|photo by Leo Castillo|
What I loved from our group was that we pulled each other up instead of pulling each other down. We were happy with each triumph. We applauded each accomplishment. Students and teachers brought out the best in each and everyone. The studio has become my solace of sisterhood. Being the introvert that I am, I'd usually sulk and cry at home. If it were an ordinary day, I would just be staying home. If it were Tuesday or Thursday, my husband would tell me to attend pole class because it's what usually puts me in better condition. Tuesdays and Thursdays for me are sacred, as they're my pole nights.
Oh and my defective back? I've learned to accept it as part of me. I grew up all my life being insecure about it as I was taunted, teased, and called for it, and had it not been my orthopedic doctor's clearance, I would not be taking pole and forever living in fear of breaking my back. I accepted my body more and learned to love it as it is - faults, bruises, scars, skin burns and all. From being just skinny, I had the healthy body and muscle definition in all the right places. Sure, I may not have silky-smooth palms and my inner thighs have skin burns and darkening from pole friction, but my arms, legs, and abs are toned and my lifestyle has totally changed. As I tell those that chastise me for having the skin burns and darkness, "May athlete bang flawless?"
My love for pole goes beyond the dance studio. I've street-poled in random sign posts and vertical metal contraptions. I practice my splits during photoshoots. I find myself raving about pole at work or with my friends, encouraging them to take classes, proudly showing my photos, and retelling my story to clients and co-workers. People notice how I beam whenever I talk about pole, my classes, my teachers, and my polemates.
Aside from the lessons in class, I've learned to appreciate the art more by working alongside with my teachers during their gigs. No, I don't dance with them. I do my day job by being their makeup artist. I see how they work hard and run their numbers, perfecting their lines, and making sure that everything falls into place. Their gigs enable me to understand their work as performers, and appreciate pole dance not just as a workout but also an art form. It's not just burning the fat and bringing on the abs. It's looking good out there too. Remember when I first thought that pole dancing was just girls in sexy outfits making kembot on the pole? Watching my teachers shows you that it is an aerial art, a legitimate sport - a dance with the perfect combination of athleticism, grace, strength, and just a sprinkle of landi.
As I make sure that their lashes are well-glued, their foundation in place, lips painted a bright red or pretty pink (whatever the peg may be), I watch their performance, applaud at each trick, watch over their stuff, and take their photos. I'm proud of my teachers, and with each lesson, I work hard so they can be proud of me.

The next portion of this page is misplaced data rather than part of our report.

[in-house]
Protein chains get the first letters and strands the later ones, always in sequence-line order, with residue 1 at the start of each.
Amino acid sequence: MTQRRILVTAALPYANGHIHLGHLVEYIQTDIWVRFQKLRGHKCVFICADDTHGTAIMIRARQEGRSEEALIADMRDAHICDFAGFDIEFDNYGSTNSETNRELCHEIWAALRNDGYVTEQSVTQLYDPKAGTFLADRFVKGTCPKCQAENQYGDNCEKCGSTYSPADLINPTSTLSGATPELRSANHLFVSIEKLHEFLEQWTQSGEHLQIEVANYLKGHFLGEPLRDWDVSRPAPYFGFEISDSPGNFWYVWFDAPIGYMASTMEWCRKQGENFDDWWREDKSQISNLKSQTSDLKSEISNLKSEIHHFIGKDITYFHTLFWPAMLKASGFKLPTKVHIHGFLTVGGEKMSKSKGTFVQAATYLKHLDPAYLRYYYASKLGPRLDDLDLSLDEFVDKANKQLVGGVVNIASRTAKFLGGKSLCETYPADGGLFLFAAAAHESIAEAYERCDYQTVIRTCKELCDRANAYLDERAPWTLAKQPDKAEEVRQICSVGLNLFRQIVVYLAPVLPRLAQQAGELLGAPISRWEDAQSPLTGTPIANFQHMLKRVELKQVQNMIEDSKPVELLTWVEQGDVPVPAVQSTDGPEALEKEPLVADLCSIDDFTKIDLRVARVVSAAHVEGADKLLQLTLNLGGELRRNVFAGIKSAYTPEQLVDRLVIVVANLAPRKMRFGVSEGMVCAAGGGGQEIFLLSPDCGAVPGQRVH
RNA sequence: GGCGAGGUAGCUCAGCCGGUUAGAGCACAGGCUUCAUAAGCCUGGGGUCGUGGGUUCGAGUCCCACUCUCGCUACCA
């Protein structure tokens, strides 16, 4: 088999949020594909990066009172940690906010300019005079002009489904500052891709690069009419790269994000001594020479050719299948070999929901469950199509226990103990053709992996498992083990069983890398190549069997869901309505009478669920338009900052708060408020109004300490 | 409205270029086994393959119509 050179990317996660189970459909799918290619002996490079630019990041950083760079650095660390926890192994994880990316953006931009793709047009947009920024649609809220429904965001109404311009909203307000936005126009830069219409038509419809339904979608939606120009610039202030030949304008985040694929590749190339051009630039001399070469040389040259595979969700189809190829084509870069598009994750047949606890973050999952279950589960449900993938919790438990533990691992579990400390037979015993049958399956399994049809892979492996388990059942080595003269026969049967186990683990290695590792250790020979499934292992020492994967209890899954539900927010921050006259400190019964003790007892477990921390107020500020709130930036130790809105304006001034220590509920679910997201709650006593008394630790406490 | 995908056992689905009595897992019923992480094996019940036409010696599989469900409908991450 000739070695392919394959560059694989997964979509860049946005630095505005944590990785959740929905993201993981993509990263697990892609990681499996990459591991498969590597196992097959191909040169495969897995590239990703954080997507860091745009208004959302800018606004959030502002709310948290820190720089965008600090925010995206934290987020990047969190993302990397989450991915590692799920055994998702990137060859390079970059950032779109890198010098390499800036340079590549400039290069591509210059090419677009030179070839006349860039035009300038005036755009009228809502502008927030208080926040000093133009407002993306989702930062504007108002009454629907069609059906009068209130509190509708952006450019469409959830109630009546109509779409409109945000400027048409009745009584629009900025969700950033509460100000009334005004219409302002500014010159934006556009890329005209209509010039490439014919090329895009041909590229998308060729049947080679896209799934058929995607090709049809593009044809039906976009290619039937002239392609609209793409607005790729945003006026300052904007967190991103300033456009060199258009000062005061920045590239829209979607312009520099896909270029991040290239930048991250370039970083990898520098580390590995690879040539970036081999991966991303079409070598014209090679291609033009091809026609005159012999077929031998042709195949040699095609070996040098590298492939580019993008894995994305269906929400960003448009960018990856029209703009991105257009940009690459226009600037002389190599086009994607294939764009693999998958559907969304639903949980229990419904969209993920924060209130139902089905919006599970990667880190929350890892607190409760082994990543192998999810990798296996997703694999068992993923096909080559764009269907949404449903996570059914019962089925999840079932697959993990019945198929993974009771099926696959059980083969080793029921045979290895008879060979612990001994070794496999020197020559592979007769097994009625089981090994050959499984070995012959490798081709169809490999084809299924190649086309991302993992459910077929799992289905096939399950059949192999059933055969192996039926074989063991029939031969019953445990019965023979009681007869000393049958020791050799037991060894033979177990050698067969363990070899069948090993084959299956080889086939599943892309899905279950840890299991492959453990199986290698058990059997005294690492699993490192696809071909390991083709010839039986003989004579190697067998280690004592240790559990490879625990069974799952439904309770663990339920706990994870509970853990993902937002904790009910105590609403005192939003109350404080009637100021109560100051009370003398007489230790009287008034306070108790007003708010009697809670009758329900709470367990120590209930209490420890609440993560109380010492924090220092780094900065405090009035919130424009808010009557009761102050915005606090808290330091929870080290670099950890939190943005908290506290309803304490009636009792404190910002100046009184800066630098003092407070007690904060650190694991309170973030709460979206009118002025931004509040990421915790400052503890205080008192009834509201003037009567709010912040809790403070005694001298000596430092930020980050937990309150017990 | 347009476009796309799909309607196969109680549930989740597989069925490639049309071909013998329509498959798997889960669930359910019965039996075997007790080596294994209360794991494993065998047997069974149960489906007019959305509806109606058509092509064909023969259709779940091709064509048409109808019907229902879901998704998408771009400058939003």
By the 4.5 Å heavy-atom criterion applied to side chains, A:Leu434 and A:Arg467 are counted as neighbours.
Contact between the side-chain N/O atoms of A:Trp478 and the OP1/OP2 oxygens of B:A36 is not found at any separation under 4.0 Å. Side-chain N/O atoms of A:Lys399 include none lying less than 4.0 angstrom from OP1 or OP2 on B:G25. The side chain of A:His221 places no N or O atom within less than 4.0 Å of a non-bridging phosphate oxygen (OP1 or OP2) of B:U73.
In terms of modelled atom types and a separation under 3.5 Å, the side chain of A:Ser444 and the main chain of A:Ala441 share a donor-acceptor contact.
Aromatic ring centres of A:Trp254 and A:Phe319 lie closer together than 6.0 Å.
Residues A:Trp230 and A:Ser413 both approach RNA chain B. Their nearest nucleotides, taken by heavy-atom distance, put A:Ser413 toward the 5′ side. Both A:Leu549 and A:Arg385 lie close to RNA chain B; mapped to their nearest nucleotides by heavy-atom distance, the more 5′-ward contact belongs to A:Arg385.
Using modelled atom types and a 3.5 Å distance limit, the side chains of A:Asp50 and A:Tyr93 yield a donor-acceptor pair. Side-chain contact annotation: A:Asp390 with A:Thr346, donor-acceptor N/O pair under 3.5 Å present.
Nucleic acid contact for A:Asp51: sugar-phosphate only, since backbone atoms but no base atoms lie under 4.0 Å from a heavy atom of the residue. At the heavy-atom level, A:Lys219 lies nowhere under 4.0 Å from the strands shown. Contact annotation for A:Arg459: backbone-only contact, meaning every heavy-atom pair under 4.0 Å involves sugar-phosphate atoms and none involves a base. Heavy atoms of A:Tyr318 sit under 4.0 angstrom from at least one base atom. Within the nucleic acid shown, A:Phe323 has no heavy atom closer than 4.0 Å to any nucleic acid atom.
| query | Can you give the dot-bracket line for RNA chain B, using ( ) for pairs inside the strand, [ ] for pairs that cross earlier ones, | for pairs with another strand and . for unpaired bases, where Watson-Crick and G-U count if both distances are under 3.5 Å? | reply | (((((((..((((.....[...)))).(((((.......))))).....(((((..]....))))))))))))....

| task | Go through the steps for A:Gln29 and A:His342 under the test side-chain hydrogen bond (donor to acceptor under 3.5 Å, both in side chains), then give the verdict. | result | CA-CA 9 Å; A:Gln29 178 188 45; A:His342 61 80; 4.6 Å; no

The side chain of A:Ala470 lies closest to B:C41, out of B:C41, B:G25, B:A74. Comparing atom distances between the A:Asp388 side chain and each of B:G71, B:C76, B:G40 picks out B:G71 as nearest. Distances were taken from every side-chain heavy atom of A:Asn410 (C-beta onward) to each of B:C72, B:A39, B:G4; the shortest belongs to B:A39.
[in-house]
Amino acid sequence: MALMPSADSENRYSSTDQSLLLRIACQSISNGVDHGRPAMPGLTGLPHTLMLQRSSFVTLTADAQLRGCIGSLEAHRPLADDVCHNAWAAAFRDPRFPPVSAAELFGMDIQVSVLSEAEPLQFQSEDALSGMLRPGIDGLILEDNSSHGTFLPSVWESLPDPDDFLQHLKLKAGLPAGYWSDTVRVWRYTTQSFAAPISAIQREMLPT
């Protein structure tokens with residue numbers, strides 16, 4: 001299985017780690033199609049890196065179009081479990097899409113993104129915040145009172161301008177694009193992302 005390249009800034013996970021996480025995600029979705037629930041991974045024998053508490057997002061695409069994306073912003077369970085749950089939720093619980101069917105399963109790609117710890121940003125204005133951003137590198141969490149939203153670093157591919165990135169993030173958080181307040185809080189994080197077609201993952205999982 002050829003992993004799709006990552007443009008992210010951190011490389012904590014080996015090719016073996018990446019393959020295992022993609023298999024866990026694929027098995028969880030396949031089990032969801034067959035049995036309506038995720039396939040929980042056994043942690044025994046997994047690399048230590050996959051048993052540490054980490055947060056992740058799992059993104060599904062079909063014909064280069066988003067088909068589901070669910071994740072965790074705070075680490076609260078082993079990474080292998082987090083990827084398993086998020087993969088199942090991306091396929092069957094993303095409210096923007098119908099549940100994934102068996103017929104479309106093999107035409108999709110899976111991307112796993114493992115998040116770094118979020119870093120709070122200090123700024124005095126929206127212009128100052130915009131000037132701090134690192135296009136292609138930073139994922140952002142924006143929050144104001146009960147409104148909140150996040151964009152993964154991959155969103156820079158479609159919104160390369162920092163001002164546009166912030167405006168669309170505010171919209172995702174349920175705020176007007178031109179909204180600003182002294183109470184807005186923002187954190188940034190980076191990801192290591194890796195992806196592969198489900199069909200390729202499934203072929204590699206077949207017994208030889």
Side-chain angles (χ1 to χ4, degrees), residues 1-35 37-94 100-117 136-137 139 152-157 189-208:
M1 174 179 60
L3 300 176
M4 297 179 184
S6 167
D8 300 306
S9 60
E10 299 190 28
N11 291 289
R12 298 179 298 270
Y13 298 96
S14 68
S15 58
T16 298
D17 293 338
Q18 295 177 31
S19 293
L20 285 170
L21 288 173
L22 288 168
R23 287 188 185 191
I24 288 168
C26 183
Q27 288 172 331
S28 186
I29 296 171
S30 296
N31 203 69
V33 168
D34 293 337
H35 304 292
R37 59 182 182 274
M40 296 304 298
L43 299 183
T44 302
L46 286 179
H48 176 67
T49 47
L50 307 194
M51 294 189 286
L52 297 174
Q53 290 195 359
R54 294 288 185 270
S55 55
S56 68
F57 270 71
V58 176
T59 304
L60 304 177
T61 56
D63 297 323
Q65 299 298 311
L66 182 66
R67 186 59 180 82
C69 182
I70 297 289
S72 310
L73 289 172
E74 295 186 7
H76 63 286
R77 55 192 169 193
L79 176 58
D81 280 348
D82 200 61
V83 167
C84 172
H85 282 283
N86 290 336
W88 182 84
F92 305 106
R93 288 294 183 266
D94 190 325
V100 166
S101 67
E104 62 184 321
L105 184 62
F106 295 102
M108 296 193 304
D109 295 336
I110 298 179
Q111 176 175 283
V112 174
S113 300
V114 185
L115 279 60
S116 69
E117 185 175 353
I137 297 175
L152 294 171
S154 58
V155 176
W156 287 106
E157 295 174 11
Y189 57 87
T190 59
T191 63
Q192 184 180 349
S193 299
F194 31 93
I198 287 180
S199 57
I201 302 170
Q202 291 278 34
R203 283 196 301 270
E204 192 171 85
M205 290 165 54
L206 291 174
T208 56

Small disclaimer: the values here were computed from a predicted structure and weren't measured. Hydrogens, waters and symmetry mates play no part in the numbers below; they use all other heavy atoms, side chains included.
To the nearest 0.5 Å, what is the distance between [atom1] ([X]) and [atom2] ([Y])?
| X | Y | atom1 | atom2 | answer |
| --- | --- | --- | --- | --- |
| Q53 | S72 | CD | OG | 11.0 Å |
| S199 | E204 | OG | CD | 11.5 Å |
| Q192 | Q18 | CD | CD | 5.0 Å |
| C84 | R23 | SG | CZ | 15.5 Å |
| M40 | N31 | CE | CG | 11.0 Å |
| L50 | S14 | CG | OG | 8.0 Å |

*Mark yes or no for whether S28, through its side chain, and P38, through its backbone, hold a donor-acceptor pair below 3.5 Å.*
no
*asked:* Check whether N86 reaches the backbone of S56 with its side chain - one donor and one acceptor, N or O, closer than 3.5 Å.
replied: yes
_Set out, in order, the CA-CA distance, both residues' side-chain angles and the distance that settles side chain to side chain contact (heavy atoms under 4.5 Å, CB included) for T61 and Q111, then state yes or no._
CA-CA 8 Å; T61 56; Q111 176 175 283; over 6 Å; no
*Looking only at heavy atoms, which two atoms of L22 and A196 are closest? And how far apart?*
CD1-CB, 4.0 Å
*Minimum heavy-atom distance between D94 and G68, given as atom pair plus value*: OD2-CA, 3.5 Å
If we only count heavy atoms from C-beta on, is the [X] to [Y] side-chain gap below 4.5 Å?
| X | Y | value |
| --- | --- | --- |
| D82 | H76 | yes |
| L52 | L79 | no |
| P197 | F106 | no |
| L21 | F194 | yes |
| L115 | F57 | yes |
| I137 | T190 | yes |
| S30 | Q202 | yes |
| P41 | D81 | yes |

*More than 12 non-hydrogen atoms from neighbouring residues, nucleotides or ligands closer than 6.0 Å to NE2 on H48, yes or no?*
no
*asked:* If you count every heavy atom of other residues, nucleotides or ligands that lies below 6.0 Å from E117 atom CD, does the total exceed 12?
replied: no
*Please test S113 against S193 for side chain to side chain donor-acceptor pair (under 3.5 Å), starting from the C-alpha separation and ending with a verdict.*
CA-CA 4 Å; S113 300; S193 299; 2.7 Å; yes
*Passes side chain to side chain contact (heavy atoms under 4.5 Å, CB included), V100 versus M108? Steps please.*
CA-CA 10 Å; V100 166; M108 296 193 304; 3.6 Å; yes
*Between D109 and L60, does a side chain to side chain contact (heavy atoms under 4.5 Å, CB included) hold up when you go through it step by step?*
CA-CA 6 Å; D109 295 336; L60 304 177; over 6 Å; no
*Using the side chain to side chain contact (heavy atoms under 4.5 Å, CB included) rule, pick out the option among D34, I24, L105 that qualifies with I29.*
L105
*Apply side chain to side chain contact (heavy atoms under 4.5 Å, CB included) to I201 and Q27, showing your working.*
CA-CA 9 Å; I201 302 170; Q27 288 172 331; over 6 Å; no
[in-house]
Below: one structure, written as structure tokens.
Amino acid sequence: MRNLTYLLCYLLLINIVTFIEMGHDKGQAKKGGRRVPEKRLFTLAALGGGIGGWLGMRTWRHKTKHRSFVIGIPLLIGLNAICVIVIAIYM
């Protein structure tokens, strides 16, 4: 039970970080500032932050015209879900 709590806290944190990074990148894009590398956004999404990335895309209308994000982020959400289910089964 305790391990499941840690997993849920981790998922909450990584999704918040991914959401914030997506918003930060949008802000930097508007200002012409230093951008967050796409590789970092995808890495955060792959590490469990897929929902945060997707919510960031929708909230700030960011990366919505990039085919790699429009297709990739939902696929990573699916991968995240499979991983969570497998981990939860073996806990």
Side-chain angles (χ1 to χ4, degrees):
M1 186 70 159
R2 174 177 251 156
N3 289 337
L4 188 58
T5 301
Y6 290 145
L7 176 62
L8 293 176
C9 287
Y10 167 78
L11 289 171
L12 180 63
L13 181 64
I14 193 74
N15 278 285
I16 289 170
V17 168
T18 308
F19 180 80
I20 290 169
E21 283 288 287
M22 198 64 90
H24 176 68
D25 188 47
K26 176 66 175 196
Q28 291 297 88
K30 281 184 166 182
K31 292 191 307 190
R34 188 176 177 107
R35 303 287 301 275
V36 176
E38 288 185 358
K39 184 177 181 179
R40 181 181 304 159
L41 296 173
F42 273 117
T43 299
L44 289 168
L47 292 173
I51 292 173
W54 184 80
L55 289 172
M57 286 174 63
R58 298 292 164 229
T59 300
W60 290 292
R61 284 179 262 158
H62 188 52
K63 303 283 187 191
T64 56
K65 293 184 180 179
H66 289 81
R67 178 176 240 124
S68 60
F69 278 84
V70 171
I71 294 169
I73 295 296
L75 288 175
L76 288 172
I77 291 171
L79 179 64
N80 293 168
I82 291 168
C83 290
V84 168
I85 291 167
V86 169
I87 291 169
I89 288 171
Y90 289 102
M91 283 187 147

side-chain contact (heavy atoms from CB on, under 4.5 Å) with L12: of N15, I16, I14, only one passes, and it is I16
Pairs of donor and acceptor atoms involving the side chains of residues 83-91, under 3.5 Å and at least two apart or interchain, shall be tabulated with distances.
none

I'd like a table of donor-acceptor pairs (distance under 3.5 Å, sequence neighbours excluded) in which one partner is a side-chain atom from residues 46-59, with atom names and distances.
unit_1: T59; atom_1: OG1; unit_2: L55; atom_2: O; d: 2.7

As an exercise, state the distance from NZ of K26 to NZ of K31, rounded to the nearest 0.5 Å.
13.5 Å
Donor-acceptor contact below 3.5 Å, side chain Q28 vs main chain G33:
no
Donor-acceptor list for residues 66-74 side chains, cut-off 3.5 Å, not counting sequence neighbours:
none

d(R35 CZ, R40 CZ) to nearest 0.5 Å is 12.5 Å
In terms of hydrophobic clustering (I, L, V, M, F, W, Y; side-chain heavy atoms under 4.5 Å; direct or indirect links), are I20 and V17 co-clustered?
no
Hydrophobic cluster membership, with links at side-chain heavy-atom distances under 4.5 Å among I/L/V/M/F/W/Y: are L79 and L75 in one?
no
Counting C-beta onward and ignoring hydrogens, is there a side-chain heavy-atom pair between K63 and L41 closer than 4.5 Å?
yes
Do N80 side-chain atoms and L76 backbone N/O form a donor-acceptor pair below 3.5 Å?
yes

From a skinny high school student who had been the butt of jokes during PE class who can't even touch her toes, I have become strong enough to lift myself and invert 11 feet up the air and flexible enough to do one full split and is close to working on my second split. From being the waify girl who stood 5'7" weighing only 87 pounds at 20 years old who couldn't grow her hair due to lack of nutrients, I have reached my ideal weight and BMI with the right muscle tone and hair that reaches my waist. During my early 20's I'd smoke Marlboro reds and drink with my friends as we gobble on sisig. At 30 with a healthy lifestyle, I have become smoke and alcohol free with a healthier diet.
My love affair with pole dancing does not stop here. Back then, I was happy just doing the Gemini. Now, I aim for the iron X and the spatchcock. I strive for a prettier air invert and shoulder mounts. I want to perfect my other side. I constantly watch performances of pole champions in YouTube and get inspired by their stories and performances. A future with having my own child, non-polers tease me that childbirth would be the end of pole. I show them a picture of Zoraya Judd, a beautiful and strong pole dancer and aerial art performer and mother of two children who is able to balance pole and family life and rock at both and still maintain that awesome physique. How about when you're 50? I show a video of a woman who started pole at 60 years old with tricks more advanced than mine. Disabled? Australian pole dancer Deborah Roach bagged first place at the International Pole Championship in Hong Kong despite the fact that she had one arm. Virtually travelling to other parts of the globe via the Internet, there is a pole dancer out there, whether an international champion or an enthusiast just like myself that I can get inspiration from.
It's amazing how this sport has changed lives. I see a shy girl in t-shirt and lycra shorts walk in the beginner's 1 class for her first lesson. Months after, she has advanced to the next level, donned shorter shorts, a sports bra, and more confidence to boost. How it changes your life can vary from person to person. You all know my story, and it still hasn't ended. Do I continue on being an enthusiast? Do I become a teacher and then pole champion? I don't know what the future holds. As of the moment, I will continue taking care of my body, training hard, and enjoying this sport. I will work my way to grow stronger as a dancer, as a woman, as a pole sister, as an artist, and as a person, living that one life given to me with uttmost awesomeness and happiness. It's funny how I ended up loving and enjoying each moment of pole when I got here out of curiosity, yet I wouldn't have it any other.
|photo by Pearly Tiangco|
and, I can flip upside-down AND kick butt.